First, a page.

There were two or three white families on the plantation who worked assharecroppers and lived under the same conditions that we did. We had acommon bond in our impoverishment, and color made no difference betweenus—no segregation and no white supremacy. We all stood in the sameline to get our goods at the commissary. The men sat around and chewed tobaccotogether and drank whiskey that they sometimes made together. Thewhite and Negro women frequently had quilting bees. The families sharedwhen bad weather was expected or any sort of emergency existed. A Negromidwife on the plantation named Granny delivered white and Negro babies.No courtesy titles entered the picture, because white and Negro sharecropperscalled each other by first names.
As a child, all of this seemed perfectly natural, but later, when I operatedmy drugstore, I fully understood the absence of racial prejudice among thesharecroppers. Race simply made no difference as long as you were dirtpoor—white and Negro tenants simply suffered their destinies together. Ifound in my own store that the really poor whites were just as humble as Negroesat that economic level. I have known whites so poor that they didn't objectto going to a Negro's home, sitting at his table, and even sleeping in thesame bed with him.
One of the white sharecropper families on the Flowers place was namedSmithers, and they had a son, Randolph, who was my age, and a daughterabout the age of my sister. My mother later told me that when Randolphand I were babies, I sometimes was left at the Smithers house, and Mrs.Smithers nursed us both. When Randolph was left at our house, my motherdid the same. I cannot remember the time that Randolph and I were not theclosest of friends.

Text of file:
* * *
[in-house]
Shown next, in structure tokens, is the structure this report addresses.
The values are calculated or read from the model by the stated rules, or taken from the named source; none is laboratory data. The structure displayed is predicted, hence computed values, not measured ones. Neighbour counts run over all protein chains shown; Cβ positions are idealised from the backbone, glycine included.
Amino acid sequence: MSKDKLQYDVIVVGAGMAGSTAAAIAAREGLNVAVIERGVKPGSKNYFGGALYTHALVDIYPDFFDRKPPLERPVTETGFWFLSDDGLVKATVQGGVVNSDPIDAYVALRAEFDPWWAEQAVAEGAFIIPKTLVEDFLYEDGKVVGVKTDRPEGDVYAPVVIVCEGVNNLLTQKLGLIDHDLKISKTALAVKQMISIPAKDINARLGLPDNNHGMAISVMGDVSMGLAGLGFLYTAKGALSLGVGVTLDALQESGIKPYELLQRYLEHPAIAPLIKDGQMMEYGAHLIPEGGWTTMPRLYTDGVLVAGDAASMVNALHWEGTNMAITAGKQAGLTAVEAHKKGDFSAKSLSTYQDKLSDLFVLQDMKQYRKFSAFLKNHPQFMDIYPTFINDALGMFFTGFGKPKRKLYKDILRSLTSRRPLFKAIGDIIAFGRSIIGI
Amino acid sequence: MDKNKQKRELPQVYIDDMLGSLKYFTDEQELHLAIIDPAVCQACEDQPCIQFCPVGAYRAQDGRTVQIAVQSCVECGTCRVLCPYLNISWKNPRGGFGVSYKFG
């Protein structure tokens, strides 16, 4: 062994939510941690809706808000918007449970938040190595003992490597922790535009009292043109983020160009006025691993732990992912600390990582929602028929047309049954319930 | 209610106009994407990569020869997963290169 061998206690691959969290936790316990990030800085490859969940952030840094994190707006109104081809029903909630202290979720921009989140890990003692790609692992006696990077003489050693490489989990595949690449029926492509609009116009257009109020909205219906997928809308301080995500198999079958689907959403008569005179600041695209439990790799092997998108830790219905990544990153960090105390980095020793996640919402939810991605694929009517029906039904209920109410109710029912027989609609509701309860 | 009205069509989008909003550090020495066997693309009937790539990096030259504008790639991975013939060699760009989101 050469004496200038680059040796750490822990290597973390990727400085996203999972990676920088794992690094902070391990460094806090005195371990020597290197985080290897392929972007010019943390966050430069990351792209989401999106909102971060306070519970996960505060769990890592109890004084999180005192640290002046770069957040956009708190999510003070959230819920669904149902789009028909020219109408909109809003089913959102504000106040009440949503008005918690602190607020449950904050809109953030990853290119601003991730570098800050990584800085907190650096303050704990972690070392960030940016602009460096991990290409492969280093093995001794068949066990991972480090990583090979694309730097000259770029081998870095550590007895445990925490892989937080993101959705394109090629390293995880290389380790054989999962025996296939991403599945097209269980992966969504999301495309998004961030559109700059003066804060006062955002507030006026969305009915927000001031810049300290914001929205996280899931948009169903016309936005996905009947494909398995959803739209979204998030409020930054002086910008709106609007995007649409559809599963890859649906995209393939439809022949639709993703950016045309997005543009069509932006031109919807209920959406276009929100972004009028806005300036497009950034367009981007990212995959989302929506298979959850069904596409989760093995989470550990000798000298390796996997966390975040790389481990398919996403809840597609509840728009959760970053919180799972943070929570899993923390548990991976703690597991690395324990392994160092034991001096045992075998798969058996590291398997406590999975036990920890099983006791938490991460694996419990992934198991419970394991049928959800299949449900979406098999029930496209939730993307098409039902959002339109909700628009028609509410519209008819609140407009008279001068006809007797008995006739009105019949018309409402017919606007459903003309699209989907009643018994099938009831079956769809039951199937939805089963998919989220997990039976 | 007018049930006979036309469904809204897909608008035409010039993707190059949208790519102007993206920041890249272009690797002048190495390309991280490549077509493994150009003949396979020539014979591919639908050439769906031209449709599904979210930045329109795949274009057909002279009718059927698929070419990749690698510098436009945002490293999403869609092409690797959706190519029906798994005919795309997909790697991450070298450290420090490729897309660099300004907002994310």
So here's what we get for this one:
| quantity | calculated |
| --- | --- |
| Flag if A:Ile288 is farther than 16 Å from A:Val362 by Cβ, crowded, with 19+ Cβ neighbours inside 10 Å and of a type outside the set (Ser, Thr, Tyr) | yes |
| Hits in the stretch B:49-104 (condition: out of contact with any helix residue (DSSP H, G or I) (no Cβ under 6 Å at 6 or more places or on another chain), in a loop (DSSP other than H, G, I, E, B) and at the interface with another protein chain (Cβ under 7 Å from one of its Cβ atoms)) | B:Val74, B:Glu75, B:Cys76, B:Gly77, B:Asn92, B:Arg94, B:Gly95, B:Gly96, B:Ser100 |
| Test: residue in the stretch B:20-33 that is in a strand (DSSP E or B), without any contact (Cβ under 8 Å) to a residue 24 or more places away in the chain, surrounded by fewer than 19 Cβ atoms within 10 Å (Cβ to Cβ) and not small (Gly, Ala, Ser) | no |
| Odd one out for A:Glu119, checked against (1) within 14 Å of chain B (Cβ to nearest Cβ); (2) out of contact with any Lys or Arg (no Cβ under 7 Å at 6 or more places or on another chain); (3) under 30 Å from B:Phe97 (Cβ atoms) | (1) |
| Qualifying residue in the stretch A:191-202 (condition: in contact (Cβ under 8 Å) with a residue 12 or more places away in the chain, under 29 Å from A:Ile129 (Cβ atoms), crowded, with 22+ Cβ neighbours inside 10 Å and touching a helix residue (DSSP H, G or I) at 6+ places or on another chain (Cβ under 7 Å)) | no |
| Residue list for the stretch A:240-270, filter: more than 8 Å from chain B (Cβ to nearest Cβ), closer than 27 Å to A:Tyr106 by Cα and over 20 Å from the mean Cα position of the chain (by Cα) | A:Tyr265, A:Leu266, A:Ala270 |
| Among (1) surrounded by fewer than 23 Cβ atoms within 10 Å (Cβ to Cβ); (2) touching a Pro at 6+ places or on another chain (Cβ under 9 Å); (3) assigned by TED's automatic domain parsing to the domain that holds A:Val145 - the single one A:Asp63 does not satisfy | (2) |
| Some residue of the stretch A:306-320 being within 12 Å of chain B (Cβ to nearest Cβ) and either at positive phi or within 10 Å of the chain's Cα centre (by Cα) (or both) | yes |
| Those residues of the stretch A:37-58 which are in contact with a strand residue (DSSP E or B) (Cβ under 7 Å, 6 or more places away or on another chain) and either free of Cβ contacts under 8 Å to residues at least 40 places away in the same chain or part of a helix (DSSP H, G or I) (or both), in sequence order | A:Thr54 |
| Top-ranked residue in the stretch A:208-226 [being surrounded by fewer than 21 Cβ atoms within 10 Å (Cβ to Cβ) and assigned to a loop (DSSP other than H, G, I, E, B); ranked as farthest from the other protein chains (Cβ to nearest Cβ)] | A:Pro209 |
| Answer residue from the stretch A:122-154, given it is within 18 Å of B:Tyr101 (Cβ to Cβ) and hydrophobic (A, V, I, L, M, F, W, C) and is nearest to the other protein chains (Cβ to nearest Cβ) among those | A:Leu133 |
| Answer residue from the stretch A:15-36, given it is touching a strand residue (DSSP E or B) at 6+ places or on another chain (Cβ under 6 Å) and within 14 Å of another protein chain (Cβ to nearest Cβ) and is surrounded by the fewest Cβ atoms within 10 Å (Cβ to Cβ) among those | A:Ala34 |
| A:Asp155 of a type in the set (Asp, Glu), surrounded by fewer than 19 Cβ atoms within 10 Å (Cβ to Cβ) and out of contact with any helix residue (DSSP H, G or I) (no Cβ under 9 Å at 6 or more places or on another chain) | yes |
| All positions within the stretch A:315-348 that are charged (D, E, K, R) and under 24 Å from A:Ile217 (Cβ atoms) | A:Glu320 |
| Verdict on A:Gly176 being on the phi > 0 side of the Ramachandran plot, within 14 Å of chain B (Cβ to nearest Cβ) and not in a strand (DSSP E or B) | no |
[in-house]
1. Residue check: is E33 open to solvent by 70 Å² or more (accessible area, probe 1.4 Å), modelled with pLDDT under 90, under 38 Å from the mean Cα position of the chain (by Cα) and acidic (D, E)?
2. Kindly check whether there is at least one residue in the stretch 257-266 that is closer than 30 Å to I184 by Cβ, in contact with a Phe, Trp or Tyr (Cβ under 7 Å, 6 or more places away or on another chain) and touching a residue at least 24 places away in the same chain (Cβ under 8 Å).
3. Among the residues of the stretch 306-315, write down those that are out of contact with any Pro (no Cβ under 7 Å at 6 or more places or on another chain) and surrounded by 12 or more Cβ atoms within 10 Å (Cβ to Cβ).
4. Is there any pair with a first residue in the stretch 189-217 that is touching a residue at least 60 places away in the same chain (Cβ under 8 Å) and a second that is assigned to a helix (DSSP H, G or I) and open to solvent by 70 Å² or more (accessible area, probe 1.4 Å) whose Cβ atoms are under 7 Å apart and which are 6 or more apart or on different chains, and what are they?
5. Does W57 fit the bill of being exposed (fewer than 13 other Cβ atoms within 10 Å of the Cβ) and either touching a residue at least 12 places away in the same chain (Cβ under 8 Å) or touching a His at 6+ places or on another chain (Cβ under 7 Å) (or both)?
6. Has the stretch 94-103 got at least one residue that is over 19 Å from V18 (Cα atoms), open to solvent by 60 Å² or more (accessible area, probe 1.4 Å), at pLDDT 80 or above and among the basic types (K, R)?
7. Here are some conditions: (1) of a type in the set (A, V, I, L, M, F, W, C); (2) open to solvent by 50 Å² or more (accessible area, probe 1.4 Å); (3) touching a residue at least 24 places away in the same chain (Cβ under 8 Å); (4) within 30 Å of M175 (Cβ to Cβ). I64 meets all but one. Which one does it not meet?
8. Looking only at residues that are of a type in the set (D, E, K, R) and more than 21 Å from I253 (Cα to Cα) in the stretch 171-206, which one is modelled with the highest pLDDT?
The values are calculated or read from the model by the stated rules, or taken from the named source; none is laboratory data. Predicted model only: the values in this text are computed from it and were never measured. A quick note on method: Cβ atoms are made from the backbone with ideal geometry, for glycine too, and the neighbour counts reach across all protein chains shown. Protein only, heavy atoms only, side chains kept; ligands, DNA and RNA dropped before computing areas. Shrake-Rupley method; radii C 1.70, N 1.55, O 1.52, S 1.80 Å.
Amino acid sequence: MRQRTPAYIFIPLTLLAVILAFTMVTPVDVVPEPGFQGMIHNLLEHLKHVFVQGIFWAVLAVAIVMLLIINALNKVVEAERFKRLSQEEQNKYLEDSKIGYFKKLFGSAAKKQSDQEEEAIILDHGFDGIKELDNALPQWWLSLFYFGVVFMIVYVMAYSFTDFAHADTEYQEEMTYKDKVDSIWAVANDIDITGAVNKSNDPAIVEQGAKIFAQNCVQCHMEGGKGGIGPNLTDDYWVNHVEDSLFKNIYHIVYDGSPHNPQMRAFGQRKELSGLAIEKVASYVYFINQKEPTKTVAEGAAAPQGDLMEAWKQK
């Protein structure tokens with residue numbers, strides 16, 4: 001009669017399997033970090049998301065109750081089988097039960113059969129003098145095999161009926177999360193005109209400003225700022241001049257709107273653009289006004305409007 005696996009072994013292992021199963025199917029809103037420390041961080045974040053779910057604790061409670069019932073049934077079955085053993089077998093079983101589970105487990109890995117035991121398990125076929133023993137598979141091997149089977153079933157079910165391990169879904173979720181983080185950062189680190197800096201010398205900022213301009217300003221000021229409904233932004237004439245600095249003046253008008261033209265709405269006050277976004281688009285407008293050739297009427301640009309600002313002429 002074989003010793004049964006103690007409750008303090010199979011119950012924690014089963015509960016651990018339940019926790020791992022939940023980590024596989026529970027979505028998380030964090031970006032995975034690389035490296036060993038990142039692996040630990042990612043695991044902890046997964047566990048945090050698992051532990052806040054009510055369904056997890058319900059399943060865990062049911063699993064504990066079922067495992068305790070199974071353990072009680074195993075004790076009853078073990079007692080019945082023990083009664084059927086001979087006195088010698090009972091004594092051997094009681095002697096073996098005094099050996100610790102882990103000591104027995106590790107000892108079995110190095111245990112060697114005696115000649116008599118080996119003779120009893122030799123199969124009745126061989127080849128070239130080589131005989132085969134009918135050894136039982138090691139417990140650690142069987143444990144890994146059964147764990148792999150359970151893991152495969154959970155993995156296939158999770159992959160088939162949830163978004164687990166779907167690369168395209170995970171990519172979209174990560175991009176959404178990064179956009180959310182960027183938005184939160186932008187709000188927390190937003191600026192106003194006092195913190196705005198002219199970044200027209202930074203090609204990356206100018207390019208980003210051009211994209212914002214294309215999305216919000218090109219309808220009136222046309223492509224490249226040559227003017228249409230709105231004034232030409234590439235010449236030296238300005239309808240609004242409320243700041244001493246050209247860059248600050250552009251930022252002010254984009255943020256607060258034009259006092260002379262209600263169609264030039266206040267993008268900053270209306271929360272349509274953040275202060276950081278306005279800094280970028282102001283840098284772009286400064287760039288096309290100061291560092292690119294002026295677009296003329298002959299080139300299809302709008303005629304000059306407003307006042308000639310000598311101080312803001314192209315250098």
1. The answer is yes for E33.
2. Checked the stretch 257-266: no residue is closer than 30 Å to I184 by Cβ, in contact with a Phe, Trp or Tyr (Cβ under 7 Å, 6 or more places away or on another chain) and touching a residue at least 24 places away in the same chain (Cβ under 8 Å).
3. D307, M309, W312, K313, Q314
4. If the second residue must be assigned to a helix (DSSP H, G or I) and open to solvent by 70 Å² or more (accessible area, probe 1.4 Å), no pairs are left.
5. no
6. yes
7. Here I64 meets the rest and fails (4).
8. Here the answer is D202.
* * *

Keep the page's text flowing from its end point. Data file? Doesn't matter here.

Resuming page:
The manager of the plantation, Mr. Baker, was a short, fat white manwith a red face and a thick neck. He sweated a great deal, and when he heldhis chin up, I could see black lines of grit across his neck where his doublechins had folded in the sweat and dirt. We all accepted Baker as the head ofthe plantation, but he never interfered with family units. My father was thehead of our family. My parents were hardworking and loyal people. I wasnever directly abused in any way by the Bakers, and I don't believe my fatherwas. However, if he was mistreated, Father would not have told us, becausehe always tried to spare us from unpleasantness. Baker had a son, about myage, and he was usually a part of our nuthunting and berrypicking. We alwaysfelt that the son was a little above the rest of us, white and Negro, becausehe had so many more things and did not have to work.
Life support on the plantation was meted out from the heart of the system—thecommissary. We got our food supplies and clothing here and atthe same time wrapped ourselves in debts from which it was nearly impossibleto escape. We were charged for the supplies, and, at the end of the cropyear after the cotton had been harvested and ginned, Mr. Baker would informus what sum our part of the crop had brought. If we earned more thanwe owed, we got the difference. If we owed more than we had earned, thedifference was charged to us. There was only one set of records, which werekept by the plantation owner, and we had to pay or get whatever he said.There was no contract, and, over the years, many tenants found themselvesso deeply in debt that they could never leave the system.
We bought rice and flour, salt and pepper, and salt meat from the commissary.We ground corn into meal ourselves, but it was never enough to lastthe year, so we had to buy meal, too. We bought cloth, and Mother madeshirts and dresses and underclothes. Trousers, coats, and caps were purchased.
We had room on our forty acres to raise chickens and hogs. The hogs wereslaughtered and salted down, but chicken was a delicacy because we usedthem mostly for eggs. Pork was the only fresh meat until September, whenthe first bales of cotton were ginned. Then, if we got a share of the money,we went to the butcher shop in town and bought beef or liver. Steak andgravy were the treats at this time of year.